Global: Learning Alliances to promote multiple use systems

Global: Learning Alliances to promote multiple use systems

TitleGlobal: Learning Alliances to promote multiple use systems
Publication TypeJournal Article
Year of PublicationSubmitted

This paper discusses the MUS approach and describes the ways in which the MUS project adopted horizontal and vertical learning alliances as vehicle for its action-research in eight countries.

Full Text

It is postulated that 'multiple use systems' allow efficient and effective supply of water from different sources to communities for its domestic and for its productive purposes and allow effective interaction with providers of water related services. Such multiple use systems would be highly desirable from the perspectives of using scarce water efficiently, promoting gender equity and improving livelihoods. It is therefore necessary to carry out scientific research to verify the statement about this water-innovation. The mode of research must be 'action research'.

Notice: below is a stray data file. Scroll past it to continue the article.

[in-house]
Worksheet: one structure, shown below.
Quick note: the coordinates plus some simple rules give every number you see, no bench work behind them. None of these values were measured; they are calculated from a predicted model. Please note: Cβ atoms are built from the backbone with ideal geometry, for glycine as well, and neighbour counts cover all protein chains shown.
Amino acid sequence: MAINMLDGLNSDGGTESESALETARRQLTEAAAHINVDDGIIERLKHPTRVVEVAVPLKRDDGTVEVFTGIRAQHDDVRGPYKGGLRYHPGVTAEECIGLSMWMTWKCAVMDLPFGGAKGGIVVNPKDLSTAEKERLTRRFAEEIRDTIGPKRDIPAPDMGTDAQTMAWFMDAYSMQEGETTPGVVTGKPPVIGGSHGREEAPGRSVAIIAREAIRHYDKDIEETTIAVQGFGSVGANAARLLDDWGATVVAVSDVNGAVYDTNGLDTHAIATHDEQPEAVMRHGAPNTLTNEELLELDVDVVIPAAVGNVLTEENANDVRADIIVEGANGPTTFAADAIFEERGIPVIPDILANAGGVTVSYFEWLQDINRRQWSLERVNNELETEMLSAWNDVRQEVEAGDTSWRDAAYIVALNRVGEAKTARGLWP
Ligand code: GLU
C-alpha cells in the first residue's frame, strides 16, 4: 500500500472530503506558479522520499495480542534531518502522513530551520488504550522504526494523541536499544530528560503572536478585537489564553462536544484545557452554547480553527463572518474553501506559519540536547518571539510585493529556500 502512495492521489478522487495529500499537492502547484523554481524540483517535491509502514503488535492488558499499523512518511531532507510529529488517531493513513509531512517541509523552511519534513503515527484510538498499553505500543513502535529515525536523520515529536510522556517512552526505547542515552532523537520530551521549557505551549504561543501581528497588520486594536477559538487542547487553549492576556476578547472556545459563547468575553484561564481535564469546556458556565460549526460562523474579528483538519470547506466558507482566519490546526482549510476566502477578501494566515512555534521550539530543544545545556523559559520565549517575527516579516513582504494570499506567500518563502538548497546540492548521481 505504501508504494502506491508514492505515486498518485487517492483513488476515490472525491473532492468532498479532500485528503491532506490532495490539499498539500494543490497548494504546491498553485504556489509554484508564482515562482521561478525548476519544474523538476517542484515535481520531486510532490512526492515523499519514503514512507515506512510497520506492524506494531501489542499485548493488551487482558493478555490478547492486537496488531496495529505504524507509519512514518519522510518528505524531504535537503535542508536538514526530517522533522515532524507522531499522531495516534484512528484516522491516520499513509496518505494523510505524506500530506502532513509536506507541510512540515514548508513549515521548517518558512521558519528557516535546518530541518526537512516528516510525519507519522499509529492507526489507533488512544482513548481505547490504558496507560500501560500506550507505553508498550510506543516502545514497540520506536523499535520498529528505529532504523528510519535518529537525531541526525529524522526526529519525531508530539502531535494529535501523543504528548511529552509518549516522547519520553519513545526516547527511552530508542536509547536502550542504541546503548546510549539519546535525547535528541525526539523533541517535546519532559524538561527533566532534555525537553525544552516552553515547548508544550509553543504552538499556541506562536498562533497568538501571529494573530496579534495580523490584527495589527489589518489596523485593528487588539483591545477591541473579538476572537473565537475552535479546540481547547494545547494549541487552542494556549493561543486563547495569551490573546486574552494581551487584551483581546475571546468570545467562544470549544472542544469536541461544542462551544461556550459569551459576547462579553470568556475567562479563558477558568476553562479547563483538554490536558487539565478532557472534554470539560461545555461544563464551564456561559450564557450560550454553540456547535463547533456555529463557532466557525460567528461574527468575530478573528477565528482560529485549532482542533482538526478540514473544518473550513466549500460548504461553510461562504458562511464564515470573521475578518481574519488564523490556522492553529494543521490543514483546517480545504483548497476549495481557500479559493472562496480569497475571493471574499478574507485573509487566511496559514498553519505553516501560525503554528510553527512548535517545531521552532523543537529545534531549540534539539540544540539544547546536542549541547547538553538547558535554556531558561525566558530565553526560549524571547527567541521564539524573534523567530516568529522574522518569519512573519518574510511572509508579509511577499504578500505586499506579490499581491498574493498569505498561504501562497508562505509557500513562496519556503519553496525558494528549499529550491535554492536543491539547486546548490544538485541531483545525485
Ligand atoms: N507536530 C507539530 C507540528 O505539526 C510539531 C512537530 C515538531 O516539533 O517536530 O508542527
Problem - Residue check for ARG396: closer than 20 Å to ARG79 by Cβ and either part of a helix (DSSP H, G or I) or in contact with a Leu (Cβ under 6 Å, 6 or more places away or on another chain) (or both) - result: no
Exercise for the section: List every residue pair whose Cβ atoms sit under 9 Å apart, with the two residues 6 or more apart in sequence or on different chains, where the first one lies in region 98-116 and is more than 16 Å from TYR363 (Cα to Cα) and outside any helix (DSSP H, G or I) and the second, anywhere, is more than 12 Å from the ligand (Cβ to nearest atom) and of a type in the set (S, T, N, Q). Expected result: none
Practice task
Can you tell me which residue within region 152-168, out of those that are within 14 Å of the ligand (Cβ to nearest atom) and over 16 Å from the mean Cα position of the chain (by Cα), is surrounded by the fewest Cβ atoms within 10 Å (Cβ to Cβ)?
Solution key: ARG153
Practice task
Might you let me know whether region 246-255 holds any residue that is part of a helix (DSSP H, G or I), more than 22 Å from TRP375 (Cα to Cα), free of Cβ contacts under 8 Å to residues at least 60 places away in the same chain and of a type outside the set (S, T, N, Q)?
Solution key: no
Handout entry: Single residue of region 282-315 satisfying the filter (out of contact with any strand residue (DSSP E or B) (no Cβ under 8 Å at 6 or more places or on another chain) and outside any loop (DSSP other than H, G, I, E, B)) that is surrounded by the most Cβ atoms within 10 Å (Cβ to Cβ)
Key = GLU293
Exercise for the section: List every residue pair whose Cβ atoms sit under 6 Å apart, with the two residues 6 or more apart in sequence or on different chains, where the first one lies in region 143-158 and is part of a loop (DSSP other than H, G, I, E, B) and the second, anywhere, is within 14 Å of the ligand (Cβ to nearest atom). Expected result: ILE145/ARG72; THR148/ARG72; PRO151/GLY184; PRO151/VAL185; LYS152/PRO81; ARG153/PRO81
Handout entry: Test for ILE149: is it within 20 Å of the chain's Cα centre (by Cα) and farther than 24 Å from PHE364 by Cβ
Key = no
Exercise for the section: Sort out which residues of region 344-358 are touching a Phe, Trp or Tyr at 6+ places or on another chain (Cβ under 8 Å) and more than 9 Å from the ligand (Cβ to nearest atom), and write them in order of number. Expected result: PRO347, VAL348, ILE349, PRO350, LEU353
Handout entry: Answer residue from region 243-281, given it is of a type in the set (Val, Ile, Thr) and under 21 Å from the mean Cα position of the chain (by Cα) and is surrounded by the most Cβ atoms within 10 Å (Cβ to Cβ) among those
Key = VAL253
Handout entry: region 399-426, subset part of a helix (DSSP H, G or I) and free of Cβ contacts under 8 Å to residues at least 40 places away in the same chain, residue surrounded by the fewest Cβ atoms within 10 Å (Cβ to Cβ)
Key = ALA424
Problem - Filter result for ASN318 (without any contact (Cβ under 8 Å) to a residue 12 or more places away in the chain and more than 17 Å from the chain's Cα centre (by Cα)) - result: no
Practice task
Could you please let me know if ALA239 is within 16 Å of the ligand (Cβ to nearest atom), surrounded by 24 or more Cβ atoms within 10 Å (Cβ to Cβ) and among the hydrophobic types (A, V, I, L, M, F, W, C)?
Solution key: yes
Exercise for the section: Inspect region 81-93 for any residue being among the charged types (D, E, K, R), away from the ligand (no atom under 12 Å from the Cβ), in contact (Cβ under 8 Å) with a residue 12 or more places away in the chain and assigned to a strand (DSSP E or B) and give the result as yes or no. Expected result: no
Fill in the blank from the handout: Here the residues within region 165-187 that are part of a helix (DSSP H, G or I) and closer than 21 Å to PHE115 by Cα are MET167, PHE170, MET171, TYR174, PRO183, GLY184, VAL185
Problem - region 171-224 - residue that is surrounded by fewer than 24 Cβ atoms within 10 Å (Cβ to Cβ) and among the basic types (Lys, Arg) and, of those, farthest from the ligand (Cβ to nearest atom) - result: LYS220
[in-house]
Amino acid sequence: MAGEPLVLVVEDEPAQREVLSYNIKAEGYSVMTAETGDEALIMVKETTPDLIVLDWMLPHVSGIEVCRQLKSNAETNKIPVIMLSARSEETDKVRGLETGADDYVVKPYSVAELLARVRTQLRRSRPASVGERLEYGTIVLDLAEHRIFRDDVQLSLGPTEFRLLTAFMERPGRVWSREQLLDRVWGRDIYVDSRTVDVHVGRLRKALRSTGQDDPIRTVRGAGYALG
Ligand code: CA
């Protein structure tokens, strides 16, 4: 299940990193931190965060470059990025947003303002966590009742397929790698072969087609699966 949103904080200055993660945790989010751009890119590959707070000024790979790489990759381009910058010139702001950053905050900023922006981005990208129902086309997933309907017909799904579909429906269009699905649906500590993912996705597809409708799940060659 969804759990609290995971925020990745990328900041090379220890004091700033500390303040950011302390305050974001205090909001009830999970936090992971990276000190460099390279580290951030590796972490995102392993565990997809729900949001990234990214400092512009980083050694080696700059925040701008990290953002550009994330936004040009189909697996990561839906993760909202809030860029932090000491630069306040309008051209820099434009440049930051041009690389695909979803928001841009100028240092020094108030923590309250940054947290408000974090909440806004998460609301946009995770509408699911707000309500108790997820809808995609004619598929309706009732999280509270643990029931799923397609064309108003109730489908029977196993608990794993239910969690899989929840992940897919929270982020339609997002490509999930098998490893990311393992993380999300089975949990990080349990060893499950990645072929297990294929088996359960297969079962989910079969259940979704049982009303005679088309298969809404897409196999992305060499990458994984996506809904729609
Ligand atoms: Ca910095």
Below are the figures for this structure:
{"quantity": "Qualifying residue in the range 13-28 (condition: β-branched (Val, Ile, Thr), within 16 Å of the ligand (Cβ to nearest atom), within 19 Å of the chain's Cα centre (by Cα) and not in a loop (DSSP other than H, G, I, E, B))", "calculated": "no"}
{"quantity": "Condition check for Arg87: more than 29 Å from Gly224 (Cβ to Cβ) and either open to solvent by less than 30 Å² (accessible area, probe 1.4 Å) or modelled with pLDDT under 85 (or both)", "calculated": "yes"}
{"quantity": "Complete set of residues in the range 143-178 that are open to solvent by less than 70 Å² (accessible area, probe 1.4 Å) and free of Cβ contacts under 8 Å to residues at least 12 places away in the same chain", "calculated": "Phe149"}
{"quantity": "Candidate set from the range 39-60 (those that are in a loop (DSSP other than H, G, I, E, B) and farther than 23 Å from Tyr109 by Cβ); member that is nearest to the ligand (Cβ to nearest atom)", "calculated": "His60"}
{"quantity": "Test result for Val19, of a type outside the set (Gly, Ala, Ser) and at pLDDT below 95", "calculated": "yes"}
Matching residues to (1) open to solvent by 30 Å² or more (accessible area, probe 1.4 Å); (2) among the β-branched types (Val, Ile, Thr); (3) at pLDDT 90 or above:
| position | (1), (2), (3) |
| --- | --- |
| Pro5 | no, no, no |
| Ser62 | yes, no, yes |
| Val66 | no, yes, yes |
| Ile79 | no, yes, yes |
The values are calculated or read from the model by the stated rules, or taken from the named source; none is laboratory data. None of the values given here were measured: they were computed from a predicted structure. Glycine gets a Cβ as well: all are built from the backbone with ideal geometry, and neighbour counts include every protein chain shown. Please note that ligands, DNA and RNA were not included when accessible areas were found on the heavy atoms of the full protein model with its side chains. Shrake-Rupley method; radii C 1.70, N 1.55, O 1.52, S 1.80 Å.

The specific form and management of multiple use systems depends on local socio-economic and biophysical factors, as well as on local institutions and legislation. Eleven 'cornerstones' need to be in place to realize a full multiple use system. Since a blue print cannot be made and many parties are involved, 'learning alliances' have to be set up at the local, intermediate and national levels. These learning alliances identify how much of these cornerstones of multiple use systems are still lacking and members work together to create or implement these. Guidelines are needed for setting up learning alliances and for actually implementing systems of multiple water use.